Question: I am an international student applying for college and I’ve taken my SAT general tests. I haven’t taken my SAT 2 and I won’t Be able to to meet the deadlines of early decision, if I apply to top universities that say they “recommend but don’t require” sat 2 tests, considering my transcript and results are considerably good, will my lack of sat 2 really affect me.
Most of the “elite” colleges that used to require Subject Tests are now only “recommending” them. This switch was made largely because some students –especially international students like you as well as US students from disadvantaged backgrounds or from high schools that don’t typically send applicants to highly selective colleges—were often not well advised and thus didn’t take the Subject Tests in time to meet Early deadlines (or at all!)
So when application instructions say that these tests are not mandatory, you can rest assured that omitting them won’t hurt your admission chances as an international applicant. But do be aware that the vast majority of applicants to the colleges that “recommend” Subject Tests will have high grades in rigorous classes as well as high SAT or ACT scores. So then admission officials will ask, “What’s special?”
Thus, the fact that your transcript and SAT scores are strong will only get you to the outer gates. It’s important that your application also stresses what’s different about you. If your home country is one that is not already “over-represented” in application pools, that will provide some advantage. However, the most sought-after US institutions usually draw candidates from around the world. Therefore simply hailing from an under-represented nation—even with top-notch academic credentials–is unlikely to be enough to take you beyond those outer gates.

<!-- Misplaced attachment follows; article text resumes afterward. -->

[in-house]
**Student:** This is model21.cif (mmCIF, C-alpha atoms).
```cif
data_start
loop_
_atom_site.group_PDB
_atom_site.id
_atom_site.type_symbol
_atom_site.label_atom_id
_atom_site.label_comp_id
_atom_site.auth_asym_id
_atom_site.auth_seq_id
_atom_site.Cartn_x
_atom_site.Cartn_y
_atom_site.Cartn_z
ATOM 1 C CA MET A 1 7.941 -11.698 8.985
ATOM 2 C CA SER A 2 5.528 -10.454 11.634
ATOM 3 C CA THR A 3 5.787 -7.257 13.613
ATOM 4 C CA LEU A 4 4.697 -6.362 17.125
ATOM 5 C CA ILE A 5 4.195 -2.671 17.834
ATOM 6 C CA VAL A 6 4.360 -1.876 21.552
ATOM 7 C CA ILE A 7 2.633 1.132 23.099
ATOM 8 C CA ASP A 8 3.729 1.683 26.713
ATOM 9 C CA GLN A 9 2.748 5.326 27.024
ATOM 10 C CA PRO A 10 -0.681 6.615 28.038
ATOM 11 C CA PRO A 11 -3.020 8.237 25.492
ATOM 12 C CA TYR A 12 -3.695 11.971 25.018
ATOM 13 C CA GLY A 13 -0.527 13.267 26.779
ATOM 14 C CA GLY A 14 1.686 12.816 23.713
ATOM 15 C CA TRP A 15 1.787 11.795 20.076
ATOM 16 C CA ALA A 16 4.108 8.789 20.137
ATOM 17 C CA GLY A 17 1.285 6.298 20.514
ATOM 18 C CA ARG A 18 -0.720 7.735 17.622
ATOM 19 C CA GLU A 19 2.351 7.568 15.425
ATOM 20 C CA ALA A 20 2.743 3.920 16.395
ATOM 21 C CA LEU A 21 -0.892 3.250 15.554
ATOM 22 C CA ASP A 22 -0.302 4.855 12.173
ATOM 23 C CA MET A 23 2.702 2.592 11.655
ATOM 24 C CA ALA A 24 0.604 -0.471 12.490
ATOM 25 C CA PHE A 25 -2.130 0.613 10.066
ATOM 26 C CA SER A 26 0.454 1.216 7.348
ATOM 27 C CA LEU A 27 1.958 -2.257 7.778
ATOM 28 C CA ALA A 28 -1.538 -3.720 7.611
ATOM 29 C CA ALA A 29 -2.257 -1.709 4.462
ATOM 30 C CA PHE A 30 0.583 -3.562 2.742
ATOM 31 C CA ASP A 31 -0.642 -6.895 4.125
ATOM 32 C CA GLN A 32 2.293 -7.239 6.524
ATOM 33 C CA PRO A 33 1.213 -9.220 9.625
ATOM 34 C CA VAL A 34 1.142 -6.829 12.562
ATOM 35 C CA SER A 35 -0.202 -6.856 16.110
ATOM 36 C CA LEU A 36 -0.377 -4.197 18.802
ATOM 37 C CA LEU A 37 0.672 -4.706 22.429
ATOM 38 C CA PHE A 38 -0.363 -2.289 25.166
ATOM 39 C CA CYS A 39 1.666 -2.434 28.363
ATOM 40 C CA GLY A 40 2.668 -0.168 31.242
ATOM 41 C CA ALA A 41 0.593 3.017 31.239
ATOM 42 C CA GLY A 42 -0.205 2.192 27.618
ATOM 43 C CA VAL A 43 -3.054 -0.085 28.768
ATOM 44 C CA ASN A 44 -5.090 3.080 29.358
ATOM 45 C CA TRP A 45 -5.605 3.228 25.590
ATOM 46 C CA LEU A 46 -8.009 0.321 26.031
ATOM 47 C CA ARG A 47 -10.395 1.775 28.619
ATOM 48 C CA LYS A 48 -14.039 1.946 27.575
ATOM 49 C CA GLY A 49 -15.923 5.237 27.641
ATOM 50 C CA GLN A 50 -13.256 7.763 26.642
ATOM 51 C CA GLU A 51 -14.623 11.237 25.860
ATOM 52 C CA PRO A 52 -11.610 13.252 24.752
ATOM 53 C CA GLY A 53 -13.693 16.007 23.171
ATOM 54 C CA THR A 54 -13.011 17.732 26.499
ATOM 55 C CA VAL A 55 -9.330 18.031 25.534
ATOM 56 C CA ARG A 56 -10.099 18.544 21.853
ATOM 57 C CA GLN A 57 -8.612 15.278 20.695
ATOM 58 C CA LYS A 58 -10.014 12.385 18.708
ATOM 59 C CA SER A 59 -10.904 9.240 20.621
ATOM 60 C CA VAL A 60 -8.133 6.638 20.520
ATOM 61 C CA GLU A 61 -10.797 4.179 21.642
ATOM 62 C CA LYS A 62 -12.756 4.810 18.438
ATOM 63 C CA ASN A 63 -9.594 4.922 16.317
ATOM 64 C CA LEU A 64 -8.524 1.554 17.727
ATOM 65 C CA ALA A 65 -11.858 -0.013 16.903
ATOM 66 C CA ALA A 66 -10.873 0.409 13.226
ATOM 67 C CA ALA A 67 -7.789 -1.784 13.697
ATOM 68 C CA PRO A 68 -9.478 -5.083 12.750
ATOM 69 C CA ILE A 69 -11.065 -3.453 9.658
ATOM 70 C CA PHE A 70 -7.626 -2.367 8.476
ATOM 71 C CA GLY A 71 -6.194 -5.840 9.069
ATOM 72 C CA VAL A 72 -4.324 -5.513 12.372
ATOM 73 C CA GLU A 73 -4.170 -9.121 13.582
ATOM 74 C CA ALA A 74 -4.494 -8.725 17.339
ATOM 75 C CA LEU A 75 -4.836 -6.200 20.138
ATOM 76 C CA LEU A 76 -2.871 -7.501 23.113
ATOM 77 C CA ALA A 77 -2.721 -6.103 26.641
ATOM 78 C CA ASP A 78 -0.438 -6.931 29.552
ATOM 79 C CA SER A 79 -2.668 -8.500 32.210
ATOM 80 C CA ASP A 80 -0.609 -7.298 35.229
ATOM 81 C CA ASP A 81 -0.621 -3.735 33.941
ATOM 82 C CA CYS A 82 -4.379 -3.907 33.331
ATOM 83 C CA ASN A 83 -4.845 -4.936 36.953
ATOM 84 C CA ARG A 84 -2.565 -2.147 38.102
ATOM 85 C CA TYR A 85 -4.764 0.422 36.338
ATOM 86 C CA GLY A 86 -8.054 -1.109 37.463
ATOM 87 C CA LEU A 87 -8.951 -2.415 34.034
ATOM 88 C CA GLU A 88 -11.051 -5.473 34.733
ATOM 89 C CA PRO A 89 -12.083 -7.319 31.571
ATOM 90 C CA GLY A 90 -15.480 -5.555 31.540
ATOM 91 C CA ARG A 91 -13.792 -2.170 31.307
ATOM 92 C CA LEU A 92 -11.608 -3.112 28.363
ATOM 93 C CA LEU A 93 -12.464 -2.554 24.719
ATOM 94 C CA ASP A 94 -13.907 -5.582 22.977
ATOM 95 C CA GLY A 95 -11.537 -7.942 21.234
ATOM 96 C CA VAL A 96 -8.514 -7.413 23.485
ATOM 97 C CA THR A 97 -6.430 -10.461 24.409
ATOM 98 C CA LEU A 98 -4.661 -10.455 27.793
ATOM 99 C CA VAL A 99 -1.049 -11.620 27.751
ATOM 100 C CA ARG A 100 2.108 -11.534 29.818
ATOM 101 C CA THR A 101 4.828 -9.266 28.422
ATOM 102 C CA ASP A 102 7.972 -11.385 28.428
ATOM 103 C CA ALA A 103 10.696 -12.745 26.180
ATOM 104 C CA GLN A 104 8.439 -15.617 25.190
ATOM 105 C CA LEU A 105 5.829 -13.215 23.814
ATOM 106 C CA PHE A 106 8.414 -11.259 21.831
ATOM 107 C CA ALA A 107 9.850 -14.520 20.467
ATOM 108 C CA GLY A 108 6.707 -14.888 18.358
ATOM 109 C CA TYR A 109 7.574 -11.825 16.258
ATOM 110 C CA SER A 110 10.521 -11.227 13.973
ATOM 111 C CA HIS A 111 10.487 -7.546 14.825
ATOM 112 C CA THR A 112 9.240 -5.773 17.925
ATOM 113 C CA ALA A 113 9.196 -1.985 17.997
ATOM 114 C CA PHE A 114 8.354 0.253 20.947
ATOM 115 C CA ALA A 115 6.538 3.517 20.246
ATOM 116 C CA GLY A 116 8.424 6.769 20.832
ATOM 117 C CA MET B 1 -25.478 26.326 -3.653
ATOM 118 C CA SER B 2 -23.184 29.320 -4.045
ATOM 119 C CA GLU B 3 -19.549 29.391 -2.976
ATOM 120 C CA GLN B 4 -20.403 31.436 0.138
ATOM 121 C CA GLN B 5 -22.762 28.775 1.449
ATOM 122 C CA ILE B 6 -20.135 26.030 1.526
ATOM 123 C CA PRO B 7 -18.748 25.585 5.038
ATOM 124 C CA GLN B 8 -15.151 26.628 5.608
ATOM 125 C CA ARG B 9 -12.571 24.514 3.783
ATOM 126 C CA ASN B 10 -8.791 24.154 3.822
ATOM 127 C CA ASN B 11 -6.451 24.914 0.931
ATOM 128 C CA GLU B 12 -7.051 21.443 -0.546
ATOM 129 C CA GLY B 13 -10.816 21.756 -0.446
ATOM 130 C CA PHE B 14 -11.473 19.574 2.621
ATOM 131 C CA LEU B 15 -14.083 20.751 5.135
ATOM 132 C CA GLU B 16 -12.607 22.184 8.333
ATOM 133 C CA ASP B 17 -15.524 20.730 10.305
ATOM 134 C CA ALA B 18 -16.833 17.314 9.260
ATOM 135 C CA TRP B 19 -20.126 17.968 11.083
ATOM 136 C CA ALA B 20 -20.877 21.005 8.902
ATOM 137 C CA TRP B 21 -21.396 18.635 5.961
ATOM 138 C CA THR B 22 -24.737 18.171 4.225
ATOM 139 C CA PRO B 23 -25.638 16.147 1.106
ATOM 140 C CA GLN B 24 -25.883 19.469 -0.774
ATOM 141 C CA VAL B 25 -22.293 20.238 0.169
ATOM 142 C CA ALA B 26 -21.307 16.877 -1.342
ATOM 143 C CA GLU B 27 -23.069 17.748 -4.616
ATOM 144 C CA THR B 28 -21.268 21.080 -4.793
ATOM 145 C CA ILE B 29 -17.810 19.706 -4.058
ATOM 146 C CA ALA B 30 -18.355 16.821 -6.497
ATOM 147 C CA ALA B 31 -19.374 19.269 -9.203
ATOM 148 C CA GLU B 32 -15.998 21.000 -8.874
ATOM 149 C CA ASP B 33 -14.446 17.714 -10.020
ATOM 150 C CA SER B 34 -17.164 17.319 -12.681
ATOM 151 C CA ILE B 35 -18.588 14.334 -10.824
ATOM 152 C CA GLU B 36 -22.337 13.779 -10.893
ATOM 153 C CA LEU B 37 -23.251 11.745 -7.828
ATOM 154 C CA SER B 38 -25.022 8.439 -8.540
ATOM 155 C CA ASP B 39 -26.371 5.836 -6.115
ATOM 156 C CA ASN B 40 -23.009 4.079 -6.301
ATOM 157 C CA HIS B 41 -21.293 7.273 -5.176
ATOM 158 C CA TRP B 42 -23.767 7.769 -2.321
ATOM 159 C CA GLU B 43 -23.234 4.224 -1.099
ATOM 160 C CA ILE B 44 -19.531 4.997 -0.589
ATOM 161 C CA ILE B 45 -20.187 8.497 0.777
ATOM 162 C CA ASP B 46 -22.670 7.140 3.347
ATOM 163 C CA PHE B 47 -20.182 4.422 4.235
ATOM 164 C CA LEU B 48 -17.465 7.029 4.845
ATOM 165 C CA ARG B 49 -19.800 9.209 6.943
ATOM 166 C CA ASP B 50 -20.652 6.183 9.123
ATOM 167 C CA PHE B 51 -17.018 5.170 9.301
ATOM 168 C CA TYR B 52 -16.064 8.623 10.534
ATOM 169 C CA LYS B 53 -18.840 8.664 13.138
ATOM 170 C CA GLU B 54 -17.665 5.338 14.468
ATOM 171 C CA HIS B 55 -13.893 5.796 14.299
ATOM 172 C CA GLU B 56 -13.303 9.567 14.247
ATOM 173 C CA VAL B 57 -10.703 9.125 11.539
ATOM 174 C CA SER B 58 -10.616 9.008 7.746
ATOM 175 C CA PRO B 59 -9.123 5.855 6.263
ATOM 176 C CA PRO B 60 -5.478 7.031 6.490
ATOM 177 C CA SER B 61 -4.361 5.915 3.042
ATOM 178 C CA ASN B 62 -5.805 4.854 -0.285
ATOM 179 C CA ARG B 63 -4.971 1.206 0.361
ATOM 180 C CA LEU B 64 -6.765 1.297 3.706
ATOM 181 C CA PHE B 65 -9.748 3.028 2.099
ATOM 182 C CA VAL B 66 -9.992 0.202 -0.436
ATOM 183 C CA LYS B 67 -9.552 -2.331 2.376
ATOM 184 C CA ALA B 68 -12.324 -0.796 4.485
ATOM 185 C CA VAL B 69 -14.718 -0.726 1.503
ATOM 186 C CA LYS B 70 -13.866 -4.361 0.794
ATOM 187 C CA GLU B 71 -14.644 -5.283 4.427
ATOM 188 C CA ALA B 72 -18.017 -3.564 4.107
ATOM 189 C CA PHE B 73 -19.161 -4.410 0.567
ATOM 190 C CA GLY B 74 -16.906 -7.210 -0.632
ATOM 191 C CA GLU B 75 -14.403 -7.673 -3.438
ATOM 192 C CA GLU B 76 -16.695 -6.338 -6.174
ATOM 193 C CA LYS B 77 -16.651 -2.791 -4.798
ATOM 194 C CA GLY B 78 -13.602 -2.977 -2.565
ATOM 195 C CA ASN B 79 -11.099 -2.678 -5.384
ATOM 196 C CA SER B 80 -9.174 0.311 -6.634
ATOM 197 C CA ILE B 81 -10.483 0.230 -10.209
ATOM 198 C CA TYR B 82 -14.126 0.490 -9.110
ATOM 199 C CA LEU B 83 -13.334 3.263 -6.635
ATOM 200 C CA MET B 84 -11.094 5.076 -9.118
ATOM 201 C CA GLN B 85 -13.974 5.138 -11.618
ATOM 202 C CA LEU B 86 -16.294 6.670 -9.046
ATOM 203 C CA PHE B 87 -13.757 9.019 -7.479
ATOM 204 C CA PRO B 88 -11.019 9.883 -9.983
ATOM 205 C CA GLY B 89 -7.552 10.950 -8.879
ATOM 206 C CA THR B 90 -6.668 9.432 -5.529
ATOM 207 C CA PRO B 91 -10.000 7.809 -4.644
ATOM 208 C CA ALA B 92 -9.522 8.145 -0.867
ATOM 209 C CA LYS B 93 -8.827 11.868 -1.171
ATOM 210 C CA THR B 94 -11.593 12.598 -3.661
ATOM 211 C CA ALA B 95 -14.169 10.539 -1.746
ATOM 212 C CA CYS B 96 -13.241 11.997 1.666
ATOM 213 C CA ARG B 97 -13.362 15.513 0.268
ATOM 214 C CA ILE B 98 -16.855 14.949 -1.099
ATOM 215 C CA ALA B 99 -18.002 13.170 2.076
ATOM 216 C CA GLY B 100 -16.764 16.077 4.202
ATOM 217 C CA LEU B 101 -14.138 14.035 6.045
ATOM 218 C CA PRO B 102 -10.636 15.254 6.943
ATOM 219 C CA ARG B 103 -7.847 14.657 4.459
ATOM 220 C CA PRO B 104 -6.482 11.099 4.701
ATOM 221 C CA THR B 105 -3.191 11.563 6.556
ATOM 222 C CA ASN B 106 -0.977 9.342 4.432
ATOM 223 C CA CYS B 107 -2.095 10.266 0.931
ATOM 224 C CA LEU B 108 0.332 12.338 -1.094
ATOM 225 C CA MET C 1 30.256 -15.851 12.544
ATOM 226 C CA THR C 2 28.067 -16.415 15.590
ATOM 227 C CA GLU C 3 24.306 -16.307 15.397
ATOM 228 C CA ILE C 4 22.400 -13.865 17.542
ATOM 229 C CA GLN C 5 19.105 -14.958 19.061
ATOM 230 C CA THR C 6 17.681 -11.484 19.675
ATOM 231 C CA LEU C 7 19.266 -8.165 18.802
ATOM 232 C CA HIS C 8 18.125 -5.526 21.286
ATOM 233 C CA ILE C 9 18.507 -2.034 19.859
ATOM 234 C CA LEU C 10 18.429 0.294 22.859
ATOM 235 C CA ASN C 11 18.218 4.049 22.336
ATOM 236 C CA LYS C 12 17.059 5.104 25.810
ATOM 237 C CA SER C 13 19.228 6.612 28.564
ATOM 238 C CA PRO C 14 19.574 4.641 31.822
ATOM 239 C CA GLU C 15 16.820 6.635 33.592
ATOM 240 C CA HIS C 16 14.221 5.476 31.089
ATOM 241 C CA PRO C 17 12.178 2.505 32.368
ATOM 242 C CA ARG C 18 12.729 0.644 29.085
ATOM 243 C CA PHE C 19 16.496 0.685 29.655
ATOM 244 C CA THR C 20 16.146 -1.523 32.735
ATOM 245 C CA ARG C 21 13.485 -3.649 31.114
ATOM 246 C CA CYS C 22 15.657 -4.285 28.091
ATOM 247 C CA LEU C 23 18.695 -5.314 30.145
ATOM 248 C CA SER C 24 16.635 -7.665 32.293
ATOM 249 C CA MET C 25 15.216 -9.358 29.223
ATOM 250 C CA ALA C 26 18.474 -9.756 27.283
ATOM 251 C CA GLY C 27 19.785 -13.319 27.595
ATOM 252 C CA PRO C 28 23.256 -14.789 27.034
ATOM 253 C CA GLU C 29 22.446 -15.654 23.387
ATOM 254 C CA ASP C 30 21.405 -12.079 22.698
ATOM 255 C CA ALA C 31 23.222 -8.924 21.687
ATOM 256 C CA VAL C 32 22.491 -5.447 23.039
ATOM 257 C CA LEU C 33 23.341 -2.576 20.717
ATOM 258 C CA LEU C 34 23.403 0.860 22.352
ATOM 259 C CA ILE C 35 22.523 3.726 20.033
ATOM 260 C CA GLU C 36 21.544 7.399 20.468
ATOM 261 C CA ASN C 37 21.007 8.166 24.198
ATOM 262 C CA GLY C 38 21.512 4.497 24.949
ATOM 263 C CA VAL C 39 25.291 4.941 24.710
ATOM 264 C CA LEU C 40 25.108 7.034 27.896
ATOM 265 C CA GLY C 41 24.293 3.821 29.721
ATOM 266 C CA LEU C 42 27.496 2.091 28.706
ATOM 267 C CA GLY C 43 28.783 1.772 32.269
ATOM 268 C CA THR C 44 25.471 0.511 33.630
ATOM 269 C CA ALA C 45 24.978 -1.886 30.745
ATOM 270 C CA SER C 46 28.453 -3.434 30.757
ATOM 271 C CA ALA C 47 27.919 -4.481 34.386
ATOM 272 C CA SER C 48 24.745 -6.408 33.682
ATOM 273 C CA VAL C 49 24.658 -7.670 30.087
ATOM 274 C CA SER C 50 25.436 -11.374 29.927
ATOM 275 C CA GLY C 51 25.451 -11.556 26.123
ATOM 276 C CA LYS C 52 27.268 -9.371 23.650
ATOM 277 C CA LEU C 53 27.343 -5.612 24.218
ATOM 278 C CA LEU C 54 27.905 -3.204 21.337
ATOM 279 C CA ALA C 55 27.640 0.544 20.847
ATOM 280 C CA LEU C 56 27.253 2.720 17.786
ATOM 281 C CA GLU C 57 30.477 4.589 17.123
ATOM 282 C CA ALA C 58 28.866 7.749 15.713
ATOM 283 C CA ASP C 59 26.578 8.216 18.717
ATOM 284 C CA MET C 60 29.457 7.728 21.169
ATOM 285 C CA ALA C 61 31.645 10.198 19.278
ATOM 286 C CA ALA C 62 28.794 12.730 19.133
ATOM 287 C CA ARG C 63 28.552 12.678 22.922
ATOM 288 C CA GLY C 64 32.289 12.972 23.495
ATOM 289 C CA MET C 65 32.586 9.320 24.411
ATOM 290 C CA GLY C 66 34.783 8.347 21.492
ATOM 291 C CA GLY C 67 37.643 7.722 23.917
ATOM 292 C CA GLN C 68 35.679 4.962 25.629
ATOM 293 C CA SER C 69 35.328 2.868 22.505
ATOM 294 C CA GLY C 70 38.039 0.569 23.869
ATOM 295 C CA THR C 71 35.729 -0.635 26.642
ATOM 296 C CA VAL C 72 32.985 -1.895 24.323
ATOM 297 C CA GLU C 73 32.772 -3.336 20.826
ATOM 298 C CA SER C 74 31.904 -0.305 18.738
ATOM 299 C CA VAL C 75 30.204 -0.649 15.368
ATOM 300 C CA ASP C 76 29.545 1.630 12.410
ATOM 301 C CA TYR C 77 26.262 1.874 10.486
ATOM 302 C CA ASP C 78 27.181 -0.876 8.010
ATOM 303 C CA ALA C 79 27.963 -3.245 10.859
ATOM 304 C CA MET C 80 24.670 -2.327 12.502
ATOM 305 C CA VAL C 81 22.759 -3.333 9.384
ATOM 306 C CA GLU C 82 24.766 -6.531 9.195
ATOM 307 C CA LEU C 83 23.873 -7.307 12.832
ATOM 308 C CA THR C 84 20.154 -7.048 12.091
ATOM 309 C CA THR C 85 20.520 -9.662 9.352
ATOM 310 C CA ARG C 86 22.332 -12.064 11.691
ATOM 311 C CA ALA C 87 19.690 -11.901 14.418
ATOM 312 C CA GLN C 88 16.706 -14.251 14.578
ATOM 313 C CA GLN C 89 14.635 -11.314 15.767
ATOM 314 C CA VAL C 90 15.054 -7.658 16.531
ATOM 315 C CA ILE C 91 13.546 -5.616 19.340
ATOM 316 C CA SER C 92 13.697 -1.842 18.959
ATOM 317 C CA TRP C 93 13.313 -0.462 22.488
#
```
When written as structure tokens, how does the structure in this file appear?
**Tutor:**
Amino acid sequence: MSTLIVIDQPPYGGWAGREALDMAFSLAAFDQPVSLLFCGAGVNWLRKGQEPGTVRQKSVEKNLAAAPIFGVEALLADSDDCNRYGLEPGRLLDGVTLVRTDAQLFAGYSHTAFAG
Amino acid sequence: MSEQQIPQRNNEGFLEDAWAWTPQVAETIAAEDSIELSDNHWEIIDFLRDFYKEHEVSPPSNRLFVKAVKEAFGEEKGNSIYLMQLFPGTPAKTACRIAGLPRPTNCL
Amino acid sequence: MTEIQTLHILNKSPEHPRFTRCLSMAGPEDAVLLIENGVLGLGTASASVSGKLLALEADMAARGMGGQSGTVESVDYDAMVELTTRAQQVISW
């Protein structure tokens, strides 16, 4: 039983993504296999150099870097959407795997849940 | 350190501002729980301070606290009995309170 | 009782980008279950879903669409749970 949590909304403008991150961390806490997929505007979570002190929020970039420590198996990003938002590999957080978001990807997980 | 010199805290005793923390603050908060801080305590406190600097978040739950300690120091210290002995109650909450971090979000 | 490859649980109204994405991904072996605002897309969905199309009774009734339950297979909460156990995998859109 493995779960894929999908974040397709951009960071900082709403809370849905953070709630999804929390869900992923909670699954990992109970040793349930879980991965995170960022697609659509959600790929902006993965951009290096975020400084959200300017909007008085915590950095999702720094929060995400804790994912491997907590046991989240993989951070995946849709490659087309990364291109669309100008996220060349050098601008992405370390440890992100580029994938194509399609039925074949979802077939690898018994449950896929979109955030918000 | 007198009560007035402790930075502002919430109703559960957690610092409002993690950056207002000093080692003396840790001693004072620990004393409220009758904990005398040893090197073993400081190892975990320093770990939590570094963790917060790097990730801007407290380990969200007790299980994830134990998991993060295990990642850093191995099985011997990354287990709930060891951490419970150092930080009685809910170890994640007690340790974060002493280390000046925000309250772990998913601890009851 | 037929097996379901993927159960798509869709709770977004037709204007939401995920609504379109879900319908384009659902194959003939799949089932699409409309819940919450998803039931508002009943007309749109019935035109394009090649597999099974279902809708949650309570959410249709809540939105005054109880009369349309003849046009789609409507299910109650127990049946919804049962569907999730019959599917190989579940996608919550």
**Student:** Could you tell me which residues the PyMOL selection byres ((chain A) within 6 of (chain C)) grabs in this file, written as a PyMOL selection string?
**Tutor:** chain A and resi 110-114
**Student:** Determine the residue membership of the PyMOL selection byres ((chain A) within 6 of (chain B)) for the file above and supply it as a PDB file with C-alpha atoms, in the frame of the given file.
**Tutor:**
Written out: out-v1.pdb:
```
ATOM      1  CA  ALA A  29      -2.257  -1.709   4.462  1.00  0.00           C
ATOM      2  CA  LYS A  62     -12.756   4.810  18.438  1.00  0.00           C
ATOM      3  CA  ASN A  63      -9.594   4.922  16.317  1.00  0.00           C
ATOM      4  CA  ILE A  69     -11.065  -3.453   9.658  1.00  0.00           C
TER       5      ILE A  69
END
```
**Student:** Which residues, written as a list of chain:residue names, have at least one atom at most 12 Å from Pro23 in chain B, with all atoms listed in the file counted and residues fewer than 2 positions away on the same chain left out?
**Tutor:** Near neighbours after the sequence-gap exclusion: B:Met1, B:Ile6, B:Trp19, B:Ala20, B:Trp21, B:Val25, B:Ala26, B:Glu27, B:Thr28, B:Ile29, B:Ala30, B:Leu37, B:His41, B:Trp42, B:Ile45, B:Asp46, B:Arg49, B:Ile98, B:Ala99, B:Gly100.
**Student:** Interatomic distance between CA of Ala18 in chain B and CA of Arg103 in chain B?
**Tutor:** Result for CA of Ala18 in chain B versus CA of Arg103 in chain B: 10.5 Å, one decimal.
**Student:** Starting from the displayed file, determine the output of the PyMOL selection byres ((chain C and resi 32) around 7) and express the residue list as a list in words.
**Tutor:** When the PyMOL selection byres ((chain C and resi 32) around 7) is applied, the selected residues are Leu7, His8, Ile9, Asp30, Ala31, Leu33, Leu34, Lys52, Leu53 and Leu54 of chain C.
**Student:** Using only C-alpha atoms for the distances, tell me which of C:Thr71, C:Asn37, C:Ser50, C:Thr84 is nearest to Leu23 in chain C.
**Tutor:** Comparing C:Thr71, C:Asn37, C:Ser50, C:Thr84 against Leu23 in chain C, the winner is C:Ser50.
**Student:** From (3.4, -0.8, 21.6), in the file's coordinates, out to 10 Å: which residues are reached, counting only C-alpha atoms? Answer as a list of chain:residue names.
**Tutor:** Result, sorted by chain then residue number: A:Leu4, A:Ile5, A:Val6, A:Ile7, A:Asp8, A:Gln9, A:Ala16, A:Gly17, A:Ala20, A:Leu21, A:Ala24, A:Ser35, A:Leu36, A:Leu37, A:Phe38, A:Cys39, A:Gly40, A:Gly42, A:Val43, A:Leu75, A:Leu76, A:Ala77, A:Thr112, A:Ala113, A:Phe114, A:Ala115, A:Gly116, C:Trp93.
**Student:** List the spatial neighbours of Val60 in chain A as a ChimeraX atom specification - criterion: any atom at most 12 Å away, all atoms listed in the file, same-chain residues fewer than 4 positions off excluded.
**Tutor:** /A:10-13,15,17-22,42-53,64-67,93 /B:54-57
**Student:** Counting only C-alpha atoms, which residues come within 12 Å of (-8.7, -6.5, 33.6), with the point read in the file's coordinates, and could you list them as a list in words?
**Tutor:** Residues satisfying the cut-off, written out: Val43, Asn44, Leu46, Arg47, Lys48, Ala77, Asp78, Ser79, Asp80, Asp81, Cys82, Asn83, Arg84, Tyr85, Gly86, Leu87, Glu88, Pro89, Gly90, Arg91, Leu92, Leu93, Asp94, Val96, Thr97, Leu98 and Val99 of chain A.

So, as you finalize your applications, don’t worry about skipping the Subject Tests but do focus on emphasizing the ways that you stand out in a crowd. Example: Your essay will probably have the most impact if it’s not on a topic that your American “competitor” applicants commonly choose (e.g., winning the big football match, participating in the high school poetry slam, learning a lesson from travel). Instead, can you focus on some aspect of your life that might be unfamiliar to Americans such as preparing for a traditional holiday that isn’t widely celebrated in the US or volunteering for a political party or organization that is unique to your homeland?
Moreover, if you require financial aid, it’s important to recognize that the US admissions process will be extra competitive for you, even if you are targeting colleges that are “need blind” for international applicants. So if your goal is to study in the US, make sure that your college list includes some options where financial aid is offered to international students and where your test scores and grades put you well above the medians.
Finally, although it’s too late for you to take the Subject Tests in time for Early Action or Early Decision deadlines, you may have time to schedule a test session before the Regular Decision deadlines arrive. If you excel in an area that’s not covered by the SAT (e.g, science, history, foreign language), you might want to highlight this strength by taking the corresponding Subject Test. Again, this is not an admissions imperative, but if taking (and paying for) additional testing isn’t a big impediment, then it’s something to consider.
Good luck to you, whatever you decide.